An improved-upon holdover from previous menus, the carnitas are a personal favorite of Seals’ and a bestseller to boot.


“My sous chef Caleb Velasquez, it’s actually his recipe, and they’re the best carnitas I’ve ever had. I wouldn’t change them if you paid me,” Seals said. “From the oregano to the cinnamon to the chipotle, he rubs all the things into it. He sears it really hard in the cast iron before braising it in the oven. It’s got guajillo peppers, bay leaves, garlic cloves and cinnamon sticks in the liquid, and when it comes out of the braising liquid, it’s already fall-apart tender. He cooks it again on top of the stove and reduces it down again until it’s imparted with flavor all the way through, tender, juicy and just perfect. They’re absolutely perfect.”


“Absolutely perfect” pretty well captures Seals’ approach to cooking. After kicking off his career at Burger King at 15, he spent over a decade at Cracker Barrel before honing his craft further in the kitchens of the Capital Hotel, John Daly’s Steakhouse and Cabot’s Greystone Country Club. It was at this last stop that Seals caught the attention of John Campbell.


For John Campbell (left) and Chef Stephen “Buddy” Seals (right), Mockingbird’s success is just a taste of what’s to come.


“I was at a Mother’s Day brunch that [Chef Seals] did,” Campbell said. “I was just blown away at how quickly the food came out and that everything was just spot on.”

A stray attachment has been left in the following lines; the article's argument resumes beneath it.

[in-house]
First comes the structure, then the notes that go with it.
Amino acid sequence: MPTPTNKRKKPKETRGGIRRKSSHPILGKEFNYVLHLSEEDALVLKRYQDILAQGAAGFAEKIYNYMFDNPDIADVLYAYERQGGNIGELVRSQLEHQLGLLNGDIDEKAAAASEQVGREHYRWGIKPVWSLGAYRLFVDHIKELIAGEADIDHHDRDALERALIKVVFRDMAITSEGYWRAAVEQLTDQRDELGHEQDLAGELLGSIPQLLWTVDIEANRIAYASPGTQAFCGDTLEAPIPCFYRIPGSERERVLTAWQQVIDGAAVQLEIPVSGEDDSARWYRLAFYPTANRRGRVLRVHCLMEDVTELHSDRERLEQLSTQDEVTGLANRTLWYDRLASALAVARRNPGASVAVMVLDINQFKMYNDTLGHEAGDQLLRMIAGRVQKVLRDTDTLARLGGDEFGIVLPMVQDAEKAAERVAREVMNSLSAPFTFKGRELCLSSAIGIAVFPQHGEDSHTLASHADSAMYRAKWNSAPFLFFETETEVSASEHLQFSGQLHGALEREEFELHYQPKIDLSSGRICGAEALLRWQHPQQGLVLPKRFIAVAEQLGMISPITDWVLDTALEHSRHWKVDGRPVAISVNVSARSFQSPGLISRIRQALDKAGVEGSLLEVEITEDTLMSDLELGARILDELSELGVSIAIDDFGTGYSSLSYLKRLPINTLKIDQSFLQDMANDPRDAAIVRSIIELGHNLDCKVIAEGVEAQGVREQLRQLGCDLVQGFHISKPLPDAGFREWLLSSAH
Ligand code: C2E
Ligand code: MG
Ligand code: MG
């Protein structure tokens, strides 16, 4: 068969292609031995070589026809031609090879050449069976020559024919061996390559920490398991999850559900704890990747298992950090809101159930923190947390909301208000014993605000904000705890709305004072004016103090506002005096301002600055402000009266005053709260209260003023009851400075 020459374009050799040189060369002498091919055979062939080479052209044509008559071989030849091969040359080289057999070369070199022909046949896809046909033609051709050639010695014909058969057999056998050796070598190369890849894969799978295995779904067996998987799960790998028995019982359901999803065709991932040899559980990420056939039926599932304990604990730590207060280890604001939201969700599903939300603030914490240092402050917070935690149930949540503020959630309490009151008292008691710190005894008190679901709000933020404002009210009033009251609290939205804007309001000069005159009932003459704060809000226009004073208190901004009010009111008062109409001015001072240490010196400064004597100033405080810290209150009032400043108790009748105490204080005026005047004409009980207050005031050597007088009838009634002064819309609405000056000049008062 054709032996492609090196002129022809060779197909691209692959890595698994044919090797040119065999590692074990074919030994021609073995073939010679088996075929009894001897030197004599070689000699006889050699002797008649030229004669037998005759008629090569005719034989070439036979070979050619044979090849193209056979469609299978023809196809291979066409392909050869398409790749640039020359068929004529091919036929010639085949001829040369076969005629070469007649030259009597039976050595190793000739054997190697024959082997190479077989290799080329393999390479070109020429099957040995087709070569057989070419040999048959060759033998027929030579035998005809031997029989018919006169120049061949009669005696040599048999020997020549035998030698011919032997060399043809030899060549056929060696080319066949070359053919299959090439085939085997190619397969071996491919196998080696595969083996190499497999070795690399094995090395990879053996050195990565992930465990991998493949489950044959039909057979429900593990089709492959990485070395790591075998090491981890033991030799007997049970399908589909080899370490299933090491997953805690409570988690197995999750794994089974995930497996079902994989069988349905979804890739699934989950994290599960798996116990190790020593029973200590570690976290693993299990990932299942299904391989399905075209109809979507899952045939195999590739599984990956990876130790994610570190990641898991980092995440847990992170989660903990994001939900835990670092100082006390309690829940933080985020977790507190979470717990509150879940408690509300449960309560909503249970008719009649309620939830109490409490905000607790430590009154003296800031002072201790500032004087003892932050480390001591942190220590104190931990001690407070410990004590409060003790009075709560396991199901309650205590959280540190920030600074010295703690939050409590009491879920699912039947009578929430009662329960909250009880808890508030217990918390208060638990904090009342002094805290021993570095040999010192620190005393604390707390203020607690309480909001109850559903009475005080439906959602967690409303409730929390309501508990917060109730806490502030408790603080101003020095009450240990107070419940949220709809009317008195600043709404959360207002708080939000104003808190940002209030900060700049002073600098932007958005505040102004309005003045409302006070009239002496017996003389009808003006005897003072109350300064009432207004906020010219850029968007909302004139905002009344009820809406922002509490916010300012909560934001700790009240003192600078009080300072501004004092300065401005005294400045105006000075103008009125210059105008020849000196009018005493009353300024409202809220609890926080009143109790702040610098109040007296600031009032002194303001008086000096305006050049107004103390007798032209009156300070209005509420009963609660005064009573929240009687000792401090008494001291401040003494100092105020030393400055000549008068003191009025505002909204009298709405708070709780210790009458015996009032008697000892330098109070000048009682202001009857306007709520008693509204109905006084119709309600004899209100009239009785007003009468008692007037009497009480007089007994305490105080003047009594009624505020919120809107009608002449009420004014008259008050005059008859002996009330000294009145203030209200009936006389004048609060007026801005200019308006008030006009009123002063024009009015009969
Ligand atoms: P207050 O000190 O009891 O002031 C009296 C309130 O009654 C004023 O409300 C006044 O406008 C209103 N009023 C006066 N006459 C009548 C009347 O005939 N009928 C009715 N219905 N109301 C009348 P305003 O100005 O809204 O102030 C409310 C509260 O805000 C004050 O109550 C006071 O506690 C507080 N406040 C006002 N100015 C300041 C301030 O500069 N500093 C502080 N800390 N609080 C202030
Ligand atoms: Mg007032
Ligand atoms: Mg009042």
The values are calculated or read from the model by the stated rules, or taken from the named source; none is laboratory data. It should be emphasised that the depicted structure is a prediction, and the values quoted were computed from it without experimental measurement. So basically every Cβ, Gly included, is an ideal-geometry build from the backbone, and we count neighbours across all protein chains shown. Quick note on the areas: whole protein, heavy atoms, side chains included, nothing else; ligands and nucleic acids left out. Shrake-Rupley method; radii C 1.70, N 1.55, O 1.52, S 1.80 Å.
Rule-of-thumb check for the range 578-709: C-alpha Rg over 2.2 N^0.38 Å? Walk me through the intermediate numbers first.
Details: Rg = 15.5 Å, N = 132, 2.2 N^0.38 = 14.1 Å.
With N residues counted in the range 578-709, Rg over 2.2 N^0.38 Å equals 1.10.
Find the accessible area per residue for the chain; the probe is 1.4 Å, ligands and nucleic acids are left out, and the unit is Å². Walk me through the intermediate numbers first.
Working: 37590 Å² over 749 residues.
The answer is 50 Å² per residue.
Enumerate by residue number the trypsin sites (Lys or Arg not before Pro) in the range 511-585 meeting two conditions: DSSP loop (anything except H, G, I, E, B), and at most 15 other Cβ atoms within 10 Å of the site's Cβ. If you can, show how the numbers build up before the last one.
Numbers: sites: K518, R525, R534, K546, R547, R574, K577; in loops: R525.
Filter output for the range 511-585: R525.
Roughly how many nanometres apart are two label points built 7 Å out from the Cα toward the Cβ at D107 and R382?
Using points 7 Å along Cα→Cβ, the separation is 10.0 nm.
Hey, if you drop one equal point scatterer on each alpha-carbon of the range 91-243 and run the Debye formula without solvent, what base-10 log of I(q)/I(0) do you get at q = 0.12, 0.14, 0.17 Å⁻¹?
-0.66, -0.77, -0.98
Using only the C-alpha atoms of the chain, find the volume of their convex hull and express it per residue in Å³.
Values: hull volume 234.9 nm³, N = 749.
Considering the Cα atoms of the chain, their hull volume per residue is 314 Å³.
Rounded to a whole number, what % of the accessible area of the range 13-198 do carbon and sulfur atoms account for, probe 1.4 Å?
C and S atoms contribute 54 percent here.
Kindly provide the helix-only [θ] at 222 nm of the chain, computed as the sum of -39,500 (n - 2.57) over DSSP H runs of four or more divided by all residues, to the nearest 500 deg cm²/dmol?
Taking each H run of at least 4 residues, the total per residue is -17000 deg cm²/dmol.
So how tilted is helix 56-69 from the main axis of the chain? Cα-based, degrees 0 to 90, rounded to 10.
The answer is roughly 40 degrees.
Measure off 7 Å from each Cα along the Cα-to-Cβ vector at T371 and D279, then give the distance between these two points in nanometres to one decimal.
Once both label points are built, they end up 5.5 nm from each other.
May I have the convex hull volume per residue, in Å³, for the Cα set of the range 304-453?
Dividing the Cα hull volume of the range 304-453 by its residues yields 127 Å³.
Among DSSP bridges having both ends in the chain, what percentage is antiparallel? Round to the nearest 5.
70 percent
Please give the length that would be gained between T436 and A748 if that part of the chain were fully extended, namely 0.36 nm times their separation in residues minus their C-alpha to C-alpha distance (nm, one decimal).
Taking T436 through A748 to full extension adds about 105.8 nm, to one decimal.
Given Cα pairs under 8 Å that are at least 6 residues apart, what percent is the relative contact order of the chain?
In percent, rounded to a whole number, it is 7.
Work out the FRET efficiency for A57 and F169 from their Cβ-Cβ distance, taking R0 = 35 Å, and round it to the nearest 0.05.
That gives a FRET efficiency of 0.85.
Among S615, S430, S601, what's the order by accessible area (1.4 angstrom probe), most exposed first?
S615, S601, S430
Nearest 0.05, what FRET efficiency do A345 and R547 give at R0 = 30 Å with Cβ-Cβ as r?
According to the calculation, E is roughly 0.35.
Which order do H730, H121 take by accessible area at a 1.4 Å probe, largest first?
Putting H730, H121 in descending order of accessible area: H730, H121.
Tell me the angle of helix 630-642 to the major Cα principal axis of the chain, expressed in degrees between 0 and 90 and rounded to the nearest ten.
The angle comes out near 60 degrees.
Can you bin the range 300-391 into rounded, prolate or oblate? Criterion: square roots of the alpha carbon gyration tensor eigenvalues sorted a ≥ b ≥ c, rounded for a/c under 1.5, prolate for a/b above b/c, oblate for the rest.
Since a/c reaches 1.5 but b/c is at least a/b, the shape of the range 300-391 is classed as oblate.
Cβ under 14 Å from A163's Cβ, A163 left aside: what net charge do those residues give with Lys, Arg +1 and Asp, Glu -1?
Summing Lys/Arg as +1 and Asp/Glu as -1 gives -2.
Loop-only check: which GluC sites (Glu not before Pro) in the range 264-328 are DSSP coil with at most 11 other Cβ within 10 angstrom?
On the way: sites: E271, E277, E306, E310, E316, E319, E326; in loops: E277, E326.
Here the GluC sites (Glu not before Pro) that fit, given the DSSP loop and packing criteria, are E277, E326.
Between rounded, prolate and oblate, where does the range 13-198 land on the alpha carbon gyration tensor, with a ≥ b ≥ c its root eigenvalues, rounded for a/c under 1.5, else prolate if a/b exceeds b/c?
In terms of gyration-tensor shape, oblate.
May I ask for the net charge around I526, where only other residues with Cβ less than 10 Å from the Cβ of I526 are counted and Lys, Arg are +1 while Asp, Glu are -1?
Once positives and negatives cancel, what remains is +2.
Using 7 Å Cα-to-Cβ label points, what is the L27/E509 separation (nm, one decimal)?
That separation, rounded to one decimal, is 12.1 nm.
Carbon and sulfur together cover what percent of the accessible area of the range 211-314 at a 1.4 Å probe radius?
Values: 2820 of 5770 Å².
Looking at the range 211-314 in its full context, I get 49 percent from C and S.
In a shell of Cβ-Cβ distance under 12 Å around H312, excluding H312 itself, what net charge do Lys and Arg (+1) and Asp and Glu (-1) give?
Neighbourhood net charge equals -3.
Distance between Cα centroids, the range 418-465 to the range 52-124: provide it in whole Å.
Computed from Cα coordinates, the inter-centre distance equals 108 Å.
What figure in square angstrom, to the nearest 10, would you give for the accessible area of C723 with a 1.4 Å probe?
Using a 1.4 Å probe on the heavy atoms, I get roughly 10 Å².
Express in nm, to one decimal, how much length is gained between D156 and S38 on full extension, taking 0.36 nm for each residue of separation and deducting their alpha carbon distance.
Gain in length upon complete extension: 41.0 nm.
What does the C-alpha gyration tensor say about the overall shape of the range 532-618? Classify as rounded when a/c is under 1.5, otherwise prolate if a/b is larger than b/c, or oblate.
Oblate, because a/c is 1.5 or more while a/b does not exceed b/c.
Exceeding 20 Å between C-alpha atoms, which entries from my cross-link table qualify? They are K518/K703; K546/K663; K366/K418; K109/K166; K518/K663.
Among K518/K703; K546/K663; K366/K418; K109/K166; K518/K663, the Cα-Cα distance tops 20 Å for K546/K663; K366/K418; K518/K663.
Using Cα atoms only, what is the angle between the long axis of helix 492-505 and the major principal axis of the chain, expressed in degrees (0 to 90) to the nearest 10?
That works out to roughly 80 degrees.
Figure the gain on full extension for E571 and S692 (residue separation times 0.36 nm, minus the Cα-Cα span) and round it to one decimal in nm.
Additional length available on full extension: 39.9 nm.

Campbell and JLC Entertainment didn’t have anything concrete yet, but with big plans on the horizon, he offered Seals a spot at his Pizza Pro franchise in the meantime. When the opportunity to buy The Bird came along, Seals was impressed with how ready-to-go the whole operation seemed. Armed with almost two decades of experience making the most out of any kitchen space, Seals focused on turning an already-successful concept into a truly thriving one. To achieve that, efficiency has been the name of his game.


“Cracker Barrel drilled that stuff into you. They didn’t have a lot of space on their line, but we could feed something like 1,000 people on a Sunday,” Seals said. “It makes you really appreciate every step that you take as being something important. No wasted steps, no wasted anything.”